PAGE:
ABOUT THE DOCTOR Linda Bradley, MD is an internationally recognized gynecologic surgeon, professor of surgery, Vice Chair of OB/GYN & Women’s Health Institute, and Director of the Center for Menstrual Disorders, Fibroids, and Hysterscopic Services at the Cleveland Clinic in Cleveland, Ohio. As founder of the Celebrate Sisterhood program and recipient of the American College of Obstetricians and Gynecologists Pete and Weesie Hollis Community Service Award, Dr. Bradley is dedicated to empowering multicultural women to take charge of their health, embracing self-care, and creating positive change in the world.
- Centers for Disease Control and Prevention. (2015). Heavy Menstrual Bleeding. Retrieved July 11, 2016, from https://www.cdc.gov/ncbddd/blooddisorders/women/menorrhagia.html
- Bradley, L. D., & Gueye, N. A. (2016). The medical management of abnormal uterine bleeding in reproductive-aged women. American Journal of Obstetrics and Gynecology, 214(1): 31-44. doi: 10.1016/j.ajog.2015.07.044
- Lukes, A. S., Moore, K. A., Muse, K. N., Gersten, J. K., Hecht, B. R. Edlund, M., Richter, H. E., Eder, S. E., Attia, G. R., Patrick, D. L., Rubin, A., & Shangold, G. A. (2010). Tranexamic acid treatment for heavy menstrual bleeding: a randomized controlled trial. Obstetrics & Gynecology, 116(4): 865-875. doi: 10.1097/AOG.0b013e3181f20177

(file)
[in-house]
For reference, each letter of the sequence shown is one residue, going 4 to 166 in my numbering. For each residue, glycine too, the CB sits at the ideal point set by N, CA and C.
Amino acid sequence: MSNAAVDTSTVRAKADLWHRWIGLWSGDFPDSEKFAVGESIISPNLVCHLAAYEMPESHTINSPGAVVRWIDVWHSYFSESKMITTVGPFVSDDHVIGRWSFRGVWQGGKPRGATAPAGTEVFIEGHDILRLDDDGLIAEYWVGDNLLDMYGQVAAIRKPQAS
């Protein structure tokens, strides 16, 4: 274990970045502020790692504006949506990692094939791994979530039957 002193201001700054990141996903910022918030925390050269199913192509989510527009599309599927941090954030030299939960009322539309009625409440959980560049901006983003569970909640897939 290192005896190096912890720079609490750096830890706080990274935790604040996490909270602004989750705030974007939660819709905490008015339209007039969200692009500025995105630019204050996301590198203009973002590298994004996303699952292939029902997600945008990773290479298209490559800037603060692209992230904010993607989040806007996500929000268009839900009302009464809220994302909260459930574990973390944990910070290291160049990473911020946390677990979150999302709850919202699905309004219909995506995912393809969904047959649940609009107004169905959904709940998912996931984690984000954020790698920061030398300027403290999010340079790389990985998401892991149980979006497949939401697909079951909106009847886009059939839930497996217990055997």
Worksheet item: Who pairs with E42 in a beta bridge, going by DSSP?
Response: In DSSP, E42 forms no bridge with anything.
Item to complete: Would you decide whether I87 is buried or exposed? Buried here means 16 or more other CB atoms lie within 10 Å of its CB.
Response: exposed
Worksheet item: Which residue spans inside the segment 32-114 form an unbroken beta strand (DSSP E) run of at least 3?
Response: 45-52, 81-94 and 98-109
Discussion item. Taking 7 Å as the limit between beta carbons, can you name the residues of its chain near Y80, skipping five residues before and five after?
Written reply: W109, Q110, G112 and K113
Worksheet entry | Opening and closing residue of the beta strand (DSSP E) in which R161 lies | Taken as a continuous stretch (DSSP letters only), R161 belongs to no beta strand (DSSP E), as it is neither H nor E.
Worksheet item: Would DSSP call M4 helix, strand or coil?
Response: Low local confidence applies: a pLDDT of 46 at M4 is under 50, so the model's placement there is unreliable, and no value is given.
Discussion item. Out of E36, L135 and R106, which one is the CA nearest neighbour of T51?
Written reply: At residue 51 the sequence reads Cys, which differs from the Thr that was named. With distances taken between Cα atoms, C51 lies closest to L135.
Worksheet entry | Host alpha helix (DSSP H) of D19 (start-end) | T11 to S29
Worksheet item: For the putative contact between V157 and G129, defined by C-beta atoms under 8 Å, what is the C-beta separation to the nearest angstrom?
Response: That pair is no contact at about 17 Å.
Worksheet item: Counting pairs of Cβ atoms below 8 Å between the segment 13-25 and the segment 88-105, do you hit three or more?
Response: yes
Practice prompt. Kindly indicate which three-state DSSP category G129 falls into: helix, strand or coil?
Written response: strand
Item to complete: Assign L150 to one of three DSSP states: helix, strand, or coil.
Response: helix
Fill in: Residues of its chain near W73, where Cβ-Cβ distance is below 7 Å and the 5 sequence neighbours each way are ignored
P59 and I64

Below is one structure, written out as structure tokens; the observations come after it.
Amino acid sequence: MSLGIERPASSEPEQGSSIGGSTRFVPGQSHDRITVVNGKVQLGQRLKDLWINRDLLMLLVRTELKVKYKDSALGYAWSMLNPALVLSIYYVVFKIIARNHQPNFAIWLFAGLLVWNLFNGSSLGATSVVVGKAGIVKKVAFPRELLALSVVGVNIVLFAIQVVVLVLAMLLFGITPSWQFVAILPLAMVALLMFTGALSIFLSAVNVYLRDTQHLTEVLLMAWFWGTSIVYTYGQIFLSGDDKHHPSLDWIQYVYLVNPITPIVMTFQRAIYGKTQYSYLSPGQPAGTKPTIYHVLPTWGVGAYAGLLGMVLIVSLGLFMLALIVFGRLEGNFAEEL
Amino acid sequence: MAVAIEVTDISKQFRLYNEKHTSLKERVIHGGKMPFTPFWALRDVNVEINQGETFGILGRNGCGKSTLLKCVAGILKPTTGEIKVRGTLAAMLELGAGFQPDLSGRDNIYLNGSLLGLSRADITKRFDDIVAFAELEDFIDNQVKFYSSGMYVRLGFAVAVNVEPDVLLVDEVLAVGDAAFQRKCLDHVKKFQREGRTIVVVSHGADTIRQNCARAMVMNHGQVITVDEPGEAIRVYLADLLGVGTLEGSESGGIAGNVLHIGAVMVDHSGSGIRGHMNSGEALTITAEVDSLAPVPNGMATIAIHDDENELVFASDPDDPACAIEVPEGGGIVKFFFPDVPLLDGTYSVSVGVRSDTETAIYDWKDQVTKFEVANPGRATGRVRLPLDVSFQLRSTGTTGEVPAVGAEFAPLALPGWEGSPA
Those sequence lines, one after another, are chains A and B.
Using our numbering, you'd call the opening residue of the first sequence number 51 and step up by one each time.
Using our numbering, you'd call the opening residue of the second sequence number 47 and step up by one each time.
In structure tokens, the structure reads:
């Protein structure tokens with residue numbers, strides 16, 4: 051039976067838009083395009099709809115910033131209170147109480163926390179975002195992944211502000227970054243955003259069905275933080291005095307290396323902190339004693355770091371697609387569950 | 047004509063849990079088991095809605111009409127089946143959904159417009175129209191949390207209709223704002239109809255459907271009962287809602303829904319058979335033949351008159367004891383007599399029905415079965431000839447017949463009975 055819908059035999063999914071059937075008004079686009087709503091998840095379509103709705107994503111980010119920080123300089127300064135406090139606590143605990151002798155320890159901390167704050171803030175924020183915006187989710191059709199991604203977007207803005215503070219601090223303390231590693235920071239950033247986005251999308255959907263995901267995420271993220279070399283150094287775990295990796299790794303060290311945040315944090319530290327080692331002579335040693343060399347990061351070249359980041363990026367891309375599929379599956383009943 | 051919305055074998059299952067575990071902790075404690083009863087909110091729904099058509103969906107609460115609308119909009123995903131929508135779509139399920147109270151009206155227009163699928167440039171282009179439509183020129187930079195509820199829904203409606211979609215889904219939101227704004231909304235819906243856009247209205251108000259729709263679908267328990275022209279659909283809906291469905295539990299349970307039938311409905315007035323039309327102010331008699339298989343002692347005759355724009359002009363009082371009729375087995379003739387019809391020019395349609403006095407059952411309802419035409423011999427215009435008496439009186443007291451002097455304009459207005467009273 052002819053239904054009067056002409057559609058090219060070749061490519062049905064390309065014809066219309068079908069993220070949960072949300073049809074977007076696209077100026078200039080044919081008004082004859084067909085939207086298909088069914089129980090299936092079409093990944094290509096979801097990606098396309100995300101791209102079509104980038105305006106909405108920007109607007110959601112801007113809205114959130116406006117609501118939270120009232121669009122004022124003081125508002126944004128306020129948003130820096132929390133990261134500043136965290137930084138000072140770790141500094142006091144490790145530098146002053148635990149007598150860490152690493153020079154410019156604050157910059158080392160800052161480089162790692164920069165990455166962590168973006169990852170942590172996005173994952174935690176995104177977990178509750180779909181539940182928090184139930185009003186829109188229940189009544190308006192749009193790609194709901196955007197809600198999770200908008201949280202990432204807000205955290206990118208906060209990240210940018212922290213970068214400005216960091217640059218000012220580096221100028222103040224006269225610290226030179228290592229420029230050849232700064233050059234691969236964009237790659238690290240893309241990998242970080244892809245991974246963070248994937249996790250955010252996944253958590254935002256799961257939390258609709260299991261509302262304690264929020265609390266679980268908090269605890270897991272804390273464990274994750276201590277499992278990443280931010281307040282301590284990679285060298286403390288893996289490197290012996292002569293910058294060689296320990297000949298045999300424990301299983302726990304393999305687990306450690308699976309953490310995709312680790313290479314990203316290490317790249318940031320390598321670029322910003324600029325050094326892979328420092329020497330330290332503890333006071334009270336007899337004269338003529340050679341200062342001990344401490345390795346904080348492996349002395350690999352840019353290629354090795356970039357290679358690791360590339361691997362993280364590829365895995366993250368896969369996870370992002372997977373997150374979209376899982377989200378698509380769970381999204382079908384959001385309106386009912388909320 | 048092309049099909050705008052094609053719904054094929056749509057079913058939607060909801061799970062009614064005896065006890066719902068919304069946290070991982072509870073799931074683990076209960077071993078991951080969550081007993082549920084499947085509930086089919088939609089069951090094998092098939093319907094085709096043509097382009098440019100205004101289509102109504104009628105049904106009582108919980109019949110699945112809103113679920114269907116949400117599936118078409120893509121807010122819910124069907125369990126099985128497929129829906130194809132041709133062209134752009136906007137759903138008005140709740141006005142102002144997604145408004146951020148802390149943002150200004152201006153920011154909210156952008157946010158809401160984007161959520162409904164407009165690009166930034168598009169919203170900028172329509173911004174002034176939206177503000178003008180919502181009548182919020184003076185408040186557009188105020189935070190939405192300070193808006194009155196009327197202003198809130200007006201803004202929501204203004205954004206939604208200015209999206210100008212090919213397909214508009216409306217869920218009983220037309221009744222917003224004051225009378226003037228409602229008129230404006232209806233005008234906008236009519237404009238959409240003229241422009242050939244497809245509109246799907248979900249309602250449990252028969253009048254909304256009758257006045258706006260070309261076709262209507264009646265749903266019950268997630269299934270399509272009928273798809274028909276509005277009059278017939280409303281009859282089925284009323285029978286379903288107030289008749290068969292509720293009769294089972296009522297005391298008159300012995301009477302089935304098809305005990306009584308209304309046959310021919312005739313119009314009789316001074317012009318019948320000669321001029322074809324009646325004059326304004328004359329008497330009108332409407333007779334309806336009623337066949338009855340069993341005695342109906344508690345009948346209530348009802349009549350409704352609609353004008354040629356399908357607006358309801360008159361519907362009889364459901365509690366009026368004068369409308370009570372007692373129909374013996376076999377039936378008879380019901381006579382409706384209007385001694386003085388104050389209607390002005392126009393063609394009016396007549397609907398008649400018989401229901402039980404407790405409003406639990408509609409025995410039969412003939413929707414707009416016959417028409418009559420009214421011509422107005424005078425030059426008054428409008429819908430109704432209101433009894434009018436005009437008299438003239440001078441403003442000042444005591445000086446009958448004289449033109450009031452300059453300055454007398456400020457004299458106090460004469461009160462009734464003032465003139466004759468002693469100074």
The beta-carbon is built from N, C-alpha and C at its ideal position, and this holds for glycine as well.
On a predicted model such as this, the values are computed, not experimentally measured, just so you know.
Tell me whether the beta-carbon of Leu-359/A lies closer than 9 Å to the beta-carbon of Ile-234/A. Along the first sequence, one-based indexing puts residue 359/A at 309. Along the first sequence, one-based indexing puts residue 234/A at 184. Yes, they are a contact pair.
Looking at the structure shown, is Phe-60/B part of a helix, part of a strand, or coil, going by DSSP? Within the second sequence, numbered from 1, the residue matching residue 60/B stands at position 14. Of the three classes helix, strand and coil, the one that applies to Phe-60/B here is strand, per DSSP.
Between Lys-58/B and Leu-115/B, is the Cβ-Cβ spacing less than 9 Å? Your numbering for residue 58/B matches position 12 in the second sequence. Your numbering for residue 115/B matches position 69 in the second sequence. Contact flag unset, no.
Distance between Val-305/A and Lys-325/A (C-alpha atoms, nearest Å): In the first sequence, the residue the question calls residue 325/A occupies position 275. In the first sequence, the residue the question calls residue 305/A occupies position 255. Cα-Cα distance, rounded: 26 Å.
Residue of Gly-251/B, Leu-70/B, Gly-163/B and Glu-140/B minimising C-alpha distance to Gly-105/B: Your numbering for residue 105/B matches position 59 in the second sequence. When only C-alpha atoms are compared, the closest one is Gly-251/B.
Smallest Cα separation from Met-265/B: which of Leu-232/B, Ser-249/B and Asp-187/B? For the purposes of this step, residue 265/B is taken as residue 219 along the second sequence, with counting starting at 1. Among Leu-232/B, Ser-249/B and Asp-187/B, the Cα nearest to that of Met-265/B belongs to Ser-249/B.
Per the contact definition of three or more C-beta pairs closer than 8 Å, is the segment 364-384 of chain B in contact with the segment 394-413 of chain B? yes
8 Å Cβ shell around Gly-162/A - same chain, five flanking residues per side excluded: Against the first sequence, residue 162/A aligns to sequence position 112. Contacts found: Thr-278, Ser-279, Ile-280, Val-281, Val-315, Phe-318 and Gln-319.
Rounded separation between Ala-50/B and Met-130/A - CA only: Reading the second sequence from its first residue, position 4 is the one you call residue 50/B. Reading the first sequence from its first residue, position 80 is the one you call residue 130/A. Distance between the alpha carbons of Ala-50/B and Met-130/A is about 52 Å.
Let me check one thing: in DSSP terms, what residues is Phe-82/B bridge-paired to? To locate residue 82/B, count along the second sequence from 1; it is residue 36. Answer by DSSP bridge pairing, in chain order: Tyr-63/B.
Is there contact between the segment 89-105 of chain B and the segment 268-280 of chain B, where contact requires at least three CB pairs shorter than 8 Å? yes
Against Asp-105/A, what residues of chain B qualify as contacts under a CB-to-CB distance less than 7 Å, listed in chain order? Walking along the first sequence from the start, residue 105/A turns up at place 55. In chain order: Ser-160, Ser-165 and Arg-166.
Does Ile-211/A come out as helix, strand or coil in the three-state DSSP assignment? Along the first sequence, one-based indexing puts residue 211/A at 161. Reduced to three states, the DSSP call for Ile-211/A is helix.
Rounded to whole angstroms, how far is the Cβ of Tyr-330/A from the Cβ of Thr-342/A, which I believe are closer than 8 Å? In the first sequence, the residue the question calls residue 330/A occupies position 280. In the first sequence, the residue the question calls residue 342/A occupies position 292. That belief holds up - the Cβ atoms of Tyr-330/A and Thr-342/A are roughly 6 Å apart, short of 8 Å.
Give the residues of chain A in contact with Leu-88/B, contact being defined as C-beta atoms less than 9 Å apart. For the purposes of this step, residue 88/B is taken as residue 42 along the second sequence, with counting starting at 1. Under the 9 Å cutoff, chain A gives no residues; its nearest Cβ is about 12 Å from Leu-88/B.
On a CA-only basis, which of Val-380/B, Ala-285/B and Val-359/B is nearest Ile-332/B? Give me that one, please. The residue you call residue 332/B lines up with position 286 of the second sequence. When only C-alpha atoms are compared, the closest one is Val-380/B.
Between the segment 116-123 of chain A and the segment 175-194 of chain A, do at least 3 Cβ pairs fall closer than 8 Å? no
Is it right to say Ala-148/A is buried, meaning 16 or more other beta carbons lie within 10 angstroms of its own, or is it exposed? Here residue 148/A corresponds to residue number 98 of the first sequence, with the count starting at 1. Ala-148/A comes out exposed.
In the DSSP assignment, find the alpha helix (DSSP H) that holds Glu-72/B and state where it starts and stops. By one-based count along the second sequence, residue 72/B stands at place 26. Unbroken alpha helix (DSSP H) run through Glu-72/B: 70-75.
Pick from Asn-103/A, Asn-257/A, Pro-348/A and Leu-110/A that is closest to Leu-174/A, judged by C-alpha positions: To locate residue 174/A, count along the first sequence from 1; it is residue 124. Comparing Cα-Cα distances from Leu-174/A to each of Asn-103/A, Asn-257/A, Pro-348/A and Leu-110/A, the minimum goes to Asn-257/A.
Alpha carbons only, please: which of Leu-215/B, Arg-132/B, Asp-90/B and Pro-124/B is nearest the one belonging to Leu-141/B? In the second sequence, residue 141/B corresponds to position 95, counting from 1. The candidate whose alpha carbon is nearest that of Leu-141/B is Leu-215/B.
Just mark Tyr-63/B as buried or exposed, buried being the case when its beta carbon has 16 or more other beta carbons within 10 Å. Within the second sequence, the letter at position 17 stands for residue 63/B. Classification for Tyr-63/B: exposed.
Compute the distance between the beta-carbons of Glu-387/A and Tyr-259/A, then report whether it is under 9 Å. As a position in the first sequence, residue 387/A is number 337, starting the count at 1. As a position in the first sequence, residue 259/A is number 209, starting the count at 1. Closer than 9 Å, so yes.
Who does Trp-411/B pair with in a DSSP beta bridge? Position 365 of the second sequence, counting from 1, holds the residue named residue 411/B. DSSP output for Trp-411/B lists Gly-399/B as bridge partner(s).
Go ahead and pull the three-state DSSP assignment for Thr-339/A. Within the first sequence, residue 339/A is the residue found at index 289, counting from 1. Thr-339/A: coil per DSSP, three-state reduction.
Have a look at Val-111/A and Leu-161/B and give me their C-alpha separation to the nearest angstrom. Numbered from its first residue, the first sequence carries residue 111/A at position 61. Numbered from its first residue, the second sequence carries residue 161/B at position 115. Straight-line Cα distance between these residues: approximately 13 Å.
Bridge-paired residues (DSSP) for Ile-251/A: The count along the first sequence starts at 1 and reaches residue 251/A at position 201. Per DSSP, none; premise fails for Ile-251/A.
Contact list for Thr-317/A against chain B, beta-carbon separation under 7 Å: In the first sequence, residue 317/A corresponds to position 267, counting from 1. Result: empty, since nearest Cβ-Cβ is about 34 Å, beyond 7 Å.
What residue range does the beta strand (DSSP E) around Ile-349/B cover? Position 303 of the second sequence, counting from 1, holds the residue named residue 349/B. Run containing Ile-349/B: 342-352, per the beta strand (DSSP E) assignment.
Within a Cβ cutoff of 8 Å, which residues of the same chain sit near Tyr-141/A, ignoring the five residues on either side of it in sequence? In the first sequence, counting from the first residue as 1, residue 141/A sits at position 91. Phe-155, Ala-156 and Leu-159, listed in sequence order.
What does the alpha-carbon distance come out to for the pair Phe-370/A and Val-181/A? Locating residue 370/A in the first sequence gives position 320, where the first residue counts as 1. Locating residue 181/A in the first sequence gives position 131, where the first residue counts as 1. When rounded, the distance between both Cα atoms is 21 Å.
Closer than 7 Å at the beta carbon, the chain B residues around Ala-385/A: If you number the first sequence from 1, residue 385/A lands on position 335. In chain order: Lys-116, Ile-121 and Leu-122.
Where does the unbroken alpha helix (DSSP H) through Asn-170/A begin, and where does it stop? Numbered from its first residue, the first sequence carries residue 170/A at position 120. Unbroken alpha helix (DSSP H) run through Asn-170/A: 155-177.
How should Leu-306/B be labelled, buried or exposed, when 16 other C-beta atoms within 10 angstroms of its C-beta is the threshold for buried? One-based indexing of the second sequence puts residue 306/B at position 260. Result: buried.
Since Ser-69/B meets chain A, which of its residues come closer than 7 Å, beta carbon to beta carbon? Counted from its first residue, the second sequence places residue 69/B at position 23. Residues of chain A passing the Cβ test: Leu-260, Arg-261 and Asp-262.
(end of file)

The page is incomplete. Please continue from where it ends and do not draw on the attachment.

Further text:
- Leminen, H., & Hurskainen, R. (2012). Tranexamic acid for the treatment of heavy menstrual bleeding: efficacy and safety. International Journal of Women’s Health, 4: 413-421. doi: 10.2147/IJWH.S13840
- Ip, P. P., Lam, K. W., Cheung, C. L., Yeung, M. C., Pun, T. C., Chan, Q. K., & Cheung, A. N. (2007). Tranexamic acid-associated necrosis and intralesional thrombosis of uterine leiomyomas: a clinicopathologic study of 147 cases emphasizing the importance of drug-induced necrosis and early infarcts in leiomyomas. The American Journal of Surgical Pathology, 31(8): 1215-1224.
- Peitsidis, P., & Koukoulomati, A. (2014). Tranexamic acid for the management of uterine fibroid tumors: A systematic review of the current evidence. World Journal of Clinical Cases, 2(12): 893-898. doi: 10.12998/wjcc.v2.i12.893
- Bonnett, M. P., & Benhanou, D. (2016). Management of postpartum haemorrhage. F1000 Research. doi: 10.12688/f1000research.7836.1